See also Jones v. Buckelew, 247 Ala. 475, 25 So.2d 23 (1946); League v. National Surety Corp., 198 S.C. 289, 17 S.E. 2d 783 (1941); De Busk v. Harvin, 212 F.2d 143 (5th Cir.1954).


The absence of detailed grounds setting forth basis for removal is not fatal to defendants' right to remove. We think that the allegation that petitioners were officers acting under color of office in the employment of the United States was sufficient. Title 28, United States Code, Section 1446(a) requires only a short, plain statement of facts entitling a defendant to removal. We affirm the District Court's denial of appellant's motion to remand.


Next, appellant contends that the District Court erred in granting Dr. Wilkinson's motion to quash service of process. Upon the filing of a proper petition for removal and upon compliance with the applicable statutes, the state court loses jurisdiction and all further process must issue from the Federal court. 28 U.S.C. §§ 1446(e) and 1447 (a); Federal Rules of Civil Procedure, Rule 81(c), 28 U.S.C. The entire case against all defendants here was taken from the jurisdiction of the state court by the removal of Doctors Hanley and Taylor. It has been held that removal by a single Federal officer ends the power of the state court to issue process because the entire case is then removed as to all parties whether joined in the petition or not. Bradford v. Harding, 284 F.2d 307 (2d Cir.1960). See also Jones v. Elliott, 94 F.Supp. 567 (E.D.Va.1950); Brown v. Weschler, 135 F.Supp. 622 (D.C.1955); Lowe v. Jacobs, 243 F.2d 432 (5th Cir. 1957), certiorari denied 355 U.S. 842, 78 S.Ct. 65, 2 L.Ed.2d 52; Barney v. Latham, 103 U.S. 205, 26 L.Ed. 514 (1880).


Not only had the case been removed from the state court on December 19, 1958, but plaintiff's first motion to remand had been denied prior to the time the state court purported to issue its process in 1959. This attempted service was a nullity. It is not necessary here to decide whether the Alabama statute, Title 7, Section 199(1), was applicable to a United States Air Force officer at his duty station in Alabama in view of the fact that the asserted state process was void ab initio.


We therefore, affirm the action of the District Court in quashing the purported service upon Wilkinson.


Finally, appellant attacks the summary judgment granted by the District Court in favor of the remaining defendants, Doctors Hanley and Taylor. While the record does not state overtly the grounds upon which this ruling was based, it is apparent that the District Court construed the Federal Employees' Compensation Act, 5 U.S.C.A. § 751 et seq., as constituting an exclusive remedy against fellow employees.

Section 757(b) reads as follows:


"(b) The liability of the United States or any of its instrumentalities under sections 751-756, 757-791, and 793 of this title or any extension thereof with respect to the injury or death of an employee shall be exclusive, and in place, of all other liability of the United States or such instrumentality to the employee, his legal representative, spouse, dependents, next of kin, and anyone otherwise entitled to recover damages from the United States or such instrumentality, on account of such injury or death, in any direct judicial proceedings in a civil action or in admiralty, or by proceedings, whether administrative or judicial, under any other workmen's compensation law or under any Federal tort liability statute: * * *."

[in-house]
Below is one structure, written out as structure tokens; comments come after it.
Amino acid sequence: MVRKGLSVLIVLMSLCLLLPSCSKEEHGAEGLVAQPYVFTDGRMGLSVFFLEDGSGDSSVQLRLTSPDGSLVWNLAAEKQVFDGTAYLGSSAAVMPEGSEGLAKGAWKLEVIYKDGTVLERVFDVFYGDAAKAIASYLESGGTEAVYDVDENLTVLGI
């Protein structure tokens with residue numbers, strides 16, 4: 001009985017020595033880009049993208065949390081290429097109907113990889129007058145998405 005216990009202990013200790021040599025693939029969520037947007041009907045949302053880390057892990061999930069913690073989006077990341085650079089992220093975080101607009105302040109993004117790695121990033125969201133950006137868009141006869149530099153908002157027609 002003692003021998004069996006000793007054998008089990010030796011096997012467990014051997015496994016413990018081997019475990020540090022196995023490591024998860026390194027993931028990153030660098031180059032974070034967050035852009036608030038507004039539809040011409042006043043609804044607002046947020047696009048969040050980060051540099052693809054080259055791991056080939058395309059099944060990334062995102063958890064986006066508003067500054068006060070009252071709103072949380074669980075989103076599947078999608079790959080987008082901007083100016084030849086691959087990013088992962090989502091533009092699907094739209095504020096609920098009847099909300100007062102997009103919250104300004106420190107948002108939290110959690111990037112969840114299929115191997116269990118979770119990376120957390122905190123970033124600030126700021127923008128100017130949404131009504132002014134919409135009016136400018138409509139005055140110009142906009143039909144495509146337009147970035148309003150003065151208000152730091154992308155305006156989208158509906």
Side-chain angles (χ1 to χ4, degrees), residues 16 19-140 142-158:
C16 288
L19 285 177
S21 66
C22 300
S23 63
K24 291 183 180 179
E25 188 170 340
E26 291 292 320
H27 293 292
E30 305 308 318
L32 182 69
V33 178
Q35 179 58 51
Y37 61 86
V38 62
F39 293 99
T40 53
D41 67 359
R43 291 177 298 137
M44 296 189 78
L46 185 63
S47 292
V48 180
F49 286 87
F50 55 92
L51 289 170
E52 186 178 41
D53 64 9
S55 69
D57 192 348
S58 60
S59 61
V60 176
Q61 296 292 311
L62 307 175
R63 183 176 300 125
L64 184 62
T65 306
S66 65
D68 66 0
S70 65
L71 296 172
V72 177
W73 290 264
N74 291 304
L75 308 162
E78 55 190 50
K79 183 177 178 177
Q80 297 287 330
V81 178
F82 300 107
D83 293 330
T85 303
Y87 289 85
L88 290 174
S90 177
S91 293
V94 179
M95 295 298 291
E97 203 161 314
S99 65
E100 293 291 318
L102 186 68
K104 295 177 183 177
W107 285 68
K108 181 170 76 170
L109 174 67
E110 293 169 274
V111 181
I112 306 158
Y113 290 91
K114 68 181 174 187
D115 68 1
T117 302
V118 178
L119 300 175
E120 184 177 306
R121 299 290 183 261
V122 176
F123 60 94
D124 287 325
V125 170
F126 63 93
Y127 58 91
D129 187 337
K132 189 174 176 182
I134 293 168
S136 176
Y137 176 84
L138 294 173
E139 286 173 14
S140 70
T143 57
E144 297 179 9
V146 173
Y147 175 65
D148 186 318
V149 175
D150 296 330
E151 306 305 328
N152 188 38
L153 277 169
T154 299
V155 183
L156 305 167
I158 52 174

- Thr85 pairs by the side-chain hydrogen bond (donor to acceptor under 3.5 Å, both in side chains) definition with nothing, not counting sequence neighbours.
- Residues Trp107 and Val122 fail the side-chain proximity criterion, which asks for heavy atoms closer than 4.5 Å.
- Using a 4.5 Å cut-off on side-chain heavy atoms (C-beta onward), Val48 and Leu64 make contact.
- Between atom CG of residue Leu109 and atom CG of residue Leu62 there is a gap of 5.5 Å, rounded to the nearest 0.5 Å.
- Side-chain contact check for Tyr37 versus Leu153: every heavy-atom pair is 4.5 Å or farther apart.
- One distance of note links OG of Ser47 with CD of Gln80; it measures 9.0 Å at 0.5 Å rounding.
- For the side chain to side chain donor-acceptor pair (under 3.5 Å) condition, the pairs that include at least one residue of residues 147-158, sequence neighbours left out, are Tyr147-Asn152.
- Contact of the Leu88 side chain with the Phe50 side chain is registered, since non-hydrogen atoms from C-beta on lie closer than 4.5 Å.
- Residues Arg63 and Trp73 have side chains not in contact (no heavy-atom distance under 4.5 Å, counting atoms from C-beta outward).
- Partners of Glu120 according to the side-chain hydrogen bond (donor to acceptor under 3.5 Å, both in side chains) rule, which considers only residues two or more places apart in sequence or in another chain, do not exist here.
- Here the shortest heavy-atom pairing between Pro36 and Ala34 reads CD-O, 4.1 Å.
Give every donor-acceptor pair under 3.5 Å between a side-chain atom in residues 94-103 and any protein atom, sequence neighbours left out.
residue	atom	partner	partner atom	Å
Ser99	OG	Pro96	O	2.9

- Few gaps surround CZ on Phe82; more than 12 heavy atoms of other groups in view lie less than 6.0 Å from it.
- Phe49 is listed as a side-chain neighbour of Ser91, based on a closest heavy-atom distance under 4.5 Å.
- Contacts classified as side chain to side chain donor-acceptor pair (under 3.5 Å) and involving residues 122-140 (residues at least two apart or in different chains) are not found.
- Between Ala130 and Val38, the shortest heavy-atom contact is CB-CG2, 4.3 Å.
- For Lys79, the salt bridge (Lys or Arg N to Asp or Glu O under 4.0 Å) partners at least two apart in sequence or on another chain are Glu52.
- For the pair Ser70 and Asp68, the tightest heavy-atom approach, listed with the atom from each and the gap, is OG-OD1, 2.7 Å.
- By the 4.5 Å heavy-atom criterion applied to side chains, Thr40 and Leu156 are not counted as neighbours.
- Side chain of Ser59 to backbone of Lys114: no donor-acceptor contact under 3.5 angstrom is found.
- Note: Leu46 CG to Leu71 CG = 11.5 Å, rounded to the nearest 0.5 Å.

In any examination of statutory provisions for remedies certain basic inquiries should be kept in mind. Against whom is the remedy exclusive? The employer? A third party? A fellow employee?


Many of the cases which discuss statutory remedies are concerned solely with the question of whether or not the particular statute provides the sole remedy for the employee to sue his employer. This is obviously applicable to all of the various workmen's compensation acts, and it is clear that the Federal Employees' Compensation Act under examination here by explicit language limits an employee's remedy against the Government, as employer, to the confines of the statute. Johansen v. United States, 343 U.S. 427, 72 S.Ct. 849, 96 L.Ed. 1051 (1952). Many other cases are concerned with rights of an employee to sue third parties having no relationship to the employer, whether governmental or private, under the provisions of the particular statute.


We are here concerned solely with the question of whether or not a Government employee may sue a fellow employee for alleged negligence in the light of the language of the statute quoted above.


Although there are apparently no cases involving this act on this precise point, cases construing state compensation statutes support the proposition that in the absence of a specific statutory command the statutes are not construed to abrogate the common law rights of an employee to maintain a negligence action against a fellow employee. Martin v. Theockary, 220 F.2d 900 (5th Cir.1955).


We hold that since the Act itself recognizes the right of an employee to recover from "some person other than the United States"1 and a negligent co-employee is such a person in the absence of a specific provision to the contrary, it therefore follows that the Federal Employees' Compensation Act does not abrogate the common law right of an employee to sue a negligent fellow employee.


This court in Martin v. Theockary, supra, was called upon to determine whether a co-employee was immune from suit under the Florida Workmen's Compensation Act. The Florida statute, as the act here, was silent on the point. We held that the employee's common law right of action against a fellow employee was not abrogated by the Florida statute.